• Upon resolution of hyperosmolar hyperglycemic state, transition to multiple dose subcutaneous regimen with shorter-acting and intermediate or longer acting insulins

  • Potassium- Close monitoring and repletion of potassium unless serum potassium > 5 mEq/L (5 mmol/L)

Other FOAMed Reviews on HHS

Here is another great reivew on HHS by  Life in the Fast Lane

Written by Jeffrey A. Holmes, MD


1.  Chaithongdi N, Subauste JS, Koch CA, et al. Diagnosis and management of hyperglycemic emergencies. Hormones (Athens). 2011;10(4):250-260. (Review)

2.  Kitabchi AE, Umpierrez GE, Miles JM, Fisher JN. Hyperglycemic crises in adult patients with diabetes. Diabetes Care. 2009 Jul;32(7):1335-43.

3. Scott A, Claydon A. Joint British Diabetes Societies Inpatient Care Group. The management of hyperosmolar hyperglycaemic state (HHS) in adults with diabetes. Joint British Diabetes Societies 2012 Aug.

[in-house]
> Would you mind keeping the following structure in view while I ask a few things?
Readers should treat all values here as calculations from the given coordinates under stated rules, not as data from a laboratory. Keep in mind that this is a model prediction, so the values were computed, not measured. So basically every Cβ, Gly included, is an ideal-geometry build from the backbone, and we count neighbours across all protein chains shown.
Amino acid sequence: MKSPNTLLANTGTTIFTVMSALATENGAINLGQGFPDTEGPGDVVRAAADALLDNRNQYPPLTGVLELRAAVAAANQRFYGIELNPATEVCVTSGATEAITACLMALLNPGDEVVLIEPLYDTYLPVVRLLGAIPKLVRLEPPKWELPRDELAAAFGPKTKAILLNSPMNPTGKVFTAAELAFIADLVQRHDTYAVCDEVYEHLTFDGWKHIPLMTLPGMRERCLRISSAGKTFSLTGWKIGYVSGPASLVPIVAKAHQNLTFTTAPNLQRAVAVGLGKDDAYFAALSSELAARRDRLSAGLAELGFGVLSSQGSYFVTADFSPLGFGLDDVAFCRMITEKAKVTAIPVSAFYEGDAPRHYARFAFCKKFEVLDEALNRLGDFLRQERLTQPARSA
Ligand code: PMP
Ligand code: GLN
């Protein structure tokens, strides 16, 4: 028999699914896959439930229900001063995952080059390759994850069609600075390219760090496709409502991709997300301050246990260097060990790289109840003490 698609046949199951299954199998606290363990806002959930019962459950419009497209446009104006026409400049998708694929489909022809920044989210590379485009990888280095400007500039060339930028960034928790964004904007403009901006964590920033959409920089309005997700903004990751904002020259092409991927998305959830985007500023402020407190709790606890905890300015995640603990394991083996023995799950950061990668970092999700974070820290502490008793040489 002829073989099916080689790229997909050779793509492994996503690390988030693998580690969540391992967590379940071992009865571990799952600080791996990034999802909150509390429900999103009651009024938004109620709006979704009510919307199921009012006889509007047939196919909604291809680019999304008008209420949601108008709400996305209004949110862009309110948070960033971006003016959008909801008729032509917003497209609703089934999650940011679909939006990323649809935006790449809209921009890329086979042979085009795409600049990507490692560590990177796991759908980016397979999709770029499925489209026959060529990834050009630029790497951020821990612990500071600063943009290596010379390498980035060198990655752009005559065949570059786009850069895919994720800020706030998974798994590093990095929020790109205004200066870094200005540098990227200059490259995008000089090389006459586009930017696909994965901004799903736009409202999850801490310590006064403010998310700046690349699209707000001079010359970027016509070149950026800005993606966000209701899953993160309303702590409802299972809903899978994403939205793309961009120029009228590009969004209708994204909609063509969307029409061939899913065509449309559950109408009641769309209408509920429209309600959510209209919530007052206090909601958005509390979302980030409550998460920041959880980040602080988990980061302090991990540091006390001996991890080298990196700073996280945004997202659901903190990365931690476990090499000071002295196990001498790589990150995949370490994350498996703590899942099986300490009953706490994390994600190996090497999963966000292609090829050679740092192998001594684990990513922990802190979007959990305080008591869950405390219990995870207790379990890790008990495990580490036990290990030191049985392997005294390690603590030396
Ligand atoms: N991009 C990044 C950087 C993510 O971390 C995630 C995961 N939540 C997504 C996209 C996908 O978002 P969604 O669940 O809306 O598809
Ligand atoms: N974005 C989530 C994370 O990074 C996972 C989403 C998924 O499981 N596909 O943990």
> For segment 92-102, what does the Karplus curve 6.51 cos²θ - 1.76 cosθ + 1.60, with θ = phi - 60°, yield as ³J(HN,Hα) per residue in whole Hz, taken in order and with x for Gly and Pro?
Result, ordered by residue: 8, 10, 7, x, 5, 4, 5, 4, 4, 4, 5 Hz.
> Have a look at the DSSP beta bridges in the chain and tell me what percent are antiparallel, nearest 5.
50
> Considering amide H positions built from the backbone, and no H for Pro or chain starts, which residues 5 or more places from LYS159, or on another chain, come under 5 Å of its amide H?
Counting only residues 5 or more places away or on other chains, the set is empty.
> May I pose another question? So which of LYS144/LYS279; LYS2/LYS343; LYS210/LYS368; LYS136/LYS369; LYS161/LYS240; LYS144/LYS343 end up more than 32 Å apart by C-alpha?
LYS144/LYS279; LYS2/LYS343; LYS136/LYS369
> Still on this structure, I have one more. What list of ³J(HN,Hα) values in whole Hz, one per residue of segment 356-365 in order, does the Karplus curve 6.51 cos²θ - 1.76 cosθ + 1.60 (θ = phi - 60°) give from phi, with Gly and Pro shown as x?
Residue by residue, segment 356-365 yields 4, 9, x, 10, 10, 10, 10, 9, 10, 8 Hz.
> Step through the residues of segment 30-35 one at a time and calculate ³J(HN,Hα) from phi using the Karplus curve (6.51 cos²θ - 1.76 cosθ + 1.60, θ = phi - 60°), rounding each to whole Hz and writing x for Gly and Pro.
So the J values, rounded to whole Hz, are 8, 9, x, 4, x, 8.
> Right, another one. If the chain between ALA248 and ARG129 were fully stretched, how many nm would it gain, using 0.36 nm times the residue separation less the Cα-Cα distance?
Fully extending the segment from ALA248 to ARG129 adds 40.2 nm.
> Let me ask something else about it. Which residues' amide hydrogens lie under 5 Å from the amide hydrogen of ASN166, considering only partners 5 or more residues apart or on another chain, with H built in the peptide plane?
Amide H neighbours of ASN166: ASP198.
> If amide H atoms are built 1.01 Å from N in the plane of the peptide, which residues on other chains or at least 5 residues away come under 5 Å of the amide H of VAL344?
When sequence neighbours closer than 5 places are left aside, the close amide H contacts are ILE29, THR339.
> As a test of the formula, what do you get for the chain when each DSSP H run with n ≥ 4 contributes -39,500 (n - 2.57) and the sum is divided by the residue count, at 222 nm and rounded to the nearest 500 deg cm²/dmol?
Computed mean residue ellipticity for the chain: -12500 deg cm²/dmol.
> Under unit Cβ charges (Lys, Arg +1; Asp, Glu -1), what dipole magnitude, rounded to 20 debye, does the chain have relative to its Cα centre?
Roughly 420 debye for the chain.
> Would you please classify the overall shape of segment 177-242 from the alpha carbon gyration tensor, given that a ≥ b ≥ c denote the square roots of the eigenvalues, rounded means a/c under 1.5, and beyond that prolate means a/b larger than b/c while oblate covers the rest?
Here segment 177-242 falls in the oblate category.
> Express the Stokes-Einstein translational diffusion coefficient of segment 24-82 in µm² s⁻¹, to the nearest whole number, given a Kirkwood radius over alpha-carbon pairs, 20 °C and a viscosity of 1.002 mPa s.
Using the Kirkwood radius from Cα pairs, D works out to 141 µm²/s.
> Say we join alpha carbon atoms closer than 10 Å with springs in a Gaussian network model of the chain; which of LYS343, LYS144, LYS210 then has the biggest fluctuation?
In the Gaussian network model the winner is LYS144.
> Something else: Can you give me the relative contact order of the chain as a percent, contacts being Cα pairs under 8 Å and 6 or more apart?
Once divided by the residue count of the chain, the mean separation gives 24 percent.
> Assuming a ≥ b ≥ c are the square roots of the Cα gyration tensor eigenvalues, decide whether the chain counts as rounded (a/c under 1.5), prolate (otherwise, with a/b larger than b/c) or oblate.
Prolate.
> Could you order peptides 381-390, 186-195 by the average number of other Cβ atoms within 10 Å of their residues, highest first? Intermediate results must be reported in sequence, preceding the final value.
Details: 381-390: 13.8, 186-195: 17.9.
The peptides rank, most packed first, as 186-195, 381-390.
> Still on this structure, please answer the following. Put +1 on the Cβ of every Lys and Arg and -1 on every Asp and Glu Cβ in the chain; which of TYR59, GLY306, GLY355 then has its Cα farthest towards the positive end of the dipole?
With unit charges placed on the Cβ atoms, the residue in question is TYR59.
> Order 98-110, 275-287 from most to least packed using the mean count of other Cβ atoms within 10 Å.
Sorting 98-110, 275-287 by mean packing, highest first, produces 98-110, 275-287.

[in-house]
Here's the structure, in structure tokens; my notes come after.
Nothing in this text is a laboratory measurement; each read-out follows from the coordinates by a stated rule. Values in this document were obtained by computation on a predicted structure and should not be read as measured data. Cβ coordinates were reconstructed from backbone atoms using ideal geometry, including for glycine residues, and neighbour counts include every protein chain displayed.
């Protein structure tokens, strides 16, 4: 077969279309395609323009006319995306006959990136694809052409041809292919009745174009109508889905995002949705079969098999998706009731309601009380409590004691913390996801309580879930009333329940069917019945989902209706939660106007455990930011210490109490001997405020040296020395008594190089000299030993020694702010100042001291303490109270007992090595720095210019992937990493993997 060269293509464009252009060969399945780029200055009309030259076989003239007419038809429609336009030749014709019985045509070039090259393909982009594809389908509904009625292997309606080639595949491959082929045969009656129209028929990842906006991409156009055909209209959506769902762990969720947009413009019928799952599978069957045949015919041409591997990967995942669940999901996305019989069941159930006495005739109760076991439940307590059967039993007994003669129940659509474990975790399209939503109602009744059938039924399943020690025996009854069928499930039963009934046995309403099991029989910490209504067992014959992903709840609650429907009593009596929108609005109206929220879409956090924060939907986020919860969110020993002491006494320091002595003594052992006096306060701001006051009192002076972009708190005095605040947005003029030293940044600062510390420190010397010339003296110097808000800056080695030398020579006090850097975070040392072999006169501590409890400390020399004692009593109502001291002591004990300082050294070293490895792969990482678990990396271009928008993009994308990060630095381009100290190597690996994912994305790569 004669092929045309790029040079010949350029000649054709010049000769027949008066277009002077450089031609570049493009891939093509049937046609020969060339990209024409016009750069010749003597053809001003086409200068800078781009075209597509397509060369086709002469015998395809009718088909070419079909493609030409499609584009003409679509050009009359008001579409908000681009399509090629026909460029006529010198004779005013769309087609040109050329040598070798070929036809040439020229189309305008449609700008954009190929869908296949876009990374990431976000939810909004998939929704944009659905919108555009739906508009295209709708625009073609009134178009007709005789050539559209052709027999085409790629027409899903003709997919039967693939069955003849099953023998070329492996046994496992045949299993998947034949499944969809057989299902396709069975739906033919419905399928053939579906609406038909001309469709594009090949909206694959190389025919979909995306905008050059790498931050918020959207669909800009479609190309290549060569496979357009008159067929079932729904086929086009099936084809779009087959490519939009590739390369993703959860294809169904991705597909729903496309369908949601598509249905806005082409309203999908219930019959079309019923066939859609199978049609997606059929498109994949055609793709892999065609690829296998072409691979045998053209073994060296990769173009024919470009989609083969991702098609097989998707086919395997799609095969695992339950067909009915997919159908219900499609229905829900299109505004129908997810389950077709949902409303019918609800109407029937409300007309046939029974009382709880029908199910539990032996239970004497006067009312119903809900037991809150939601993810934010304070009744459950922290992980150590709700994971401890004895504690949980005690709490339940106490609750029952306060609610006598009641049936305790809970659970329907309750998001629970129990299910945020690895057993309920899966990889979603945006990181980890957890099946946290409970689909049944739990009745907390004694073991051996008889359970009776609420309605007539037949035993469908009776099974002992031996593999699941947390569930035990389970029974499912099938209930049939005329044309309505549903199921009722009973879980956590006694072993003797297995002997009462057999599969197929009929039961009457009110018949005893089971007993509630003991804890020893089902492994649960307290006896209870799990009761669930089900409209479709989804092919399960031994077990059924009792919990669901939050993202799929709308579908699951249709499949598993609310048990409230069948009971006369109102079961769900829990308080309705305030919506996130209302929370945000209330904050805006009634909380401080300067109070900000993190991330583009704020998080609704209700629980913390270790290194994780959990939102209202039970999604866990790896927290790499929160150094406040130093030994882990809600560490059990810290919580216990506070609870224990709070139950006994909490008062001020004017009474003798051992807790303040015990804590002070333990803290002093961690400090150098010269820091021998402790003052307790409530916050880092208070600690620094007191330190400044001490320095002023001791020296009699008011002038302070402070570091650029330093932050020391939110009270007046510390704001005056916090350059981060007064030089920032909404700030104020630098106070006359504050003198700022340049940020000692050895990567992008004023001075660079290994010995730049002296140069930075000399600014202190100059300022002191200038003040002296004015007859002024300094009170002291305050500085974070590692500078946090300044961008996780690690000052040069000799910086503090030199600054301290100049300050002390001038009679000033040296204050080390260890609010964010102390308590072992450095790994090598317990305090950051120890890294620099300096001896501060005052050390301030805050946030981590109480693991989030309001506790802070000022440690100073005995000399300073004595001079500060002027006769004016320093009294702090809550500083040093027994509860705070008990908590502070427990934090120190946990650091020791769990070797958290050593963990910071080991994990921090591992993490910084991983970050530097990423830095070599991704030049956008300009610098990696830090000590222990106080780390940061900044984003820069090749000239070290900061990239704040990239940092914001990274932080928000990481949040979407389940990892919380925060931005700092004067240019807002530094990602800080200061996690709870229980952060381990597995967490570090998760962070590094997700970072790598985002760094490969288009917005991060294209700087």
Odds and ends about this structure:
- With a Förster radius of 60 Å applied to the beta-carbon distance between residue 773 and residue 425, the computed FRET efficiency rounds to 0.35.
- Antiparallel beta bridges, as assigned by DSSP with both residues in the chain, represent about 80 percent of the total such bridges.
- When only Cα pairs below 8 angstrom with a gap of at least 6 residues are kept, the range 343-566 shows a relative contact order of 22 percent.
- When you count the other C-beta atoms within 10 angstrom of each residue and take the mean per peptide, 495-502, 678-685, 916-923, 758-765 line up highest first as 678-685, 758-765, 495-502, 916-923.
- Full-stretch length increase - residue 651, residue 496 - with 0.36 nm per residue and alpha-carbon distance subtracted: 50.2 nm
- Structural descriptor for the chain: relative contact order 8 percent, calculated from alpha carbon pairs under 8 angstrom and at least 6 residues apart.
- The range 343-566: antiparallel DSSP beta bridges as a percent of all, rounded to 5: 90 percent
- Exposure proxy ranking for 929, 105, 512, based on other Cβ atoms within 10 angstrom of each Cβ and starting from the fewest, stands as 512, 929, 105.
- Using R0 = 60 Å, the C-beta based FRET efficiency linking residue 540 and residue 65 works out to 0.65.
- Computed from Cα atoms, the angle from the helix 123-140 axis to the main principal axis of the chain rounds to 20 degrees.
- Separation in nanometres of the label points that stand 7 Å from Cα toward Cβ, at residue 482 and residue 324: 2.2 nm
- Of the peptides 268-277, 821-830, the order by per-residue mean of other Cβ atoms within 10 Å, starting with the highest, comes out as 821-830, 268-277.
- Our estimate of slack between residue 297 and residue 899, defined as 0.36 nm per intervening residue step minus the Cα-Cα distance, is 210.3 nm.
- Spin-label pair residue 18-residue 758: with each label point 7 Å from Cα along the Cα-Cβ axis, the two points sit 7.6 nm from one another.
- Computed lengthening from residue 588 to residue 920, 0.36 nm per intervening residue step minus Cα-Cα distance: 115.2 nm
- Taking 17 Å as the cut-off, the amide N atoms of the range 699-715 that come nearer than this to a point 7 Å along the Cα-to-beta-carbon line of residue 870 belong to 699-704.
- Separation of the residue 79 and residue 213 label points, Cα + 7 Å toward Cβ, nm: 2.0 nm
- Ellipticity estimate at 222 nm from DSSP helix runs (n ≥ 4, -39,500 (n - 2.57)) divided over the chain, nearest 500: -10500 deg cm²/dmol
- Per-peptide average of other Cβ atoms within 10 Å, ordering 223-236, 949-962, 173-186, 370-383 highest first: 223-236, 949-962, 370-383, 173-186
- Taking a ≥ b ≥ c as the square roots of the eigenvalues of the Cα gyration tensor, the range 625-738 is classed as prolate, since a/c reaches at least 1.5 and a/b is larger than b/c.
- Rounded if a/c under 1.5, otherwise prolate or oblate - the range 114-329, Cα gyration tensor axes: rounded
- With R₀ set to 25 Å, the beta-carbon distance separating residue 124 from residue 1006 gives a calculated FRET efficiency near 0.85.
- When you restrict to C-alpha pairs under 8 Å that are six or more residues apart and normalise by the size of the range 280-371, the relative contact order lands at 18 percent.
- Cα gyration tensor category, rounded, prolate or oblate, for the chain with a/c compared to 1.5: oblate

4.  American Diabetes Association (ADA) position statement on standards of medical care in diabetes can be found in Diabetes Care 2017 Jan; 40 Suppl 1: S1 PDF


Thyroid Storm

1.  Thyroid storm is decompensated (organ system dysfunction) hyperthyroidism or exaggerated effects of thyrotoxicosis.  It is a clinical diagnosis with no immediate confirmatory test and is most commonly marked by:

  • Altered mental status (agitation, delirium, psychosis, stupor, or coma)

  • Tachycardia (>140 bpm) [4] 

  • Hyperpyrexia (104-106F common)[4] 

  • Underlying hyperthyroidism, that is either known (Grave’s disease, toxic adenoma, Toxic multinodular goiter) or potentially undiagnosed          


2.  Like most endocrine emergencies, there is a precipitating cause (stress to the body) that tips the patient into decompensation.  This event increases catecholamines that activates the increased number of hypersensitive beta adrenergic receptors.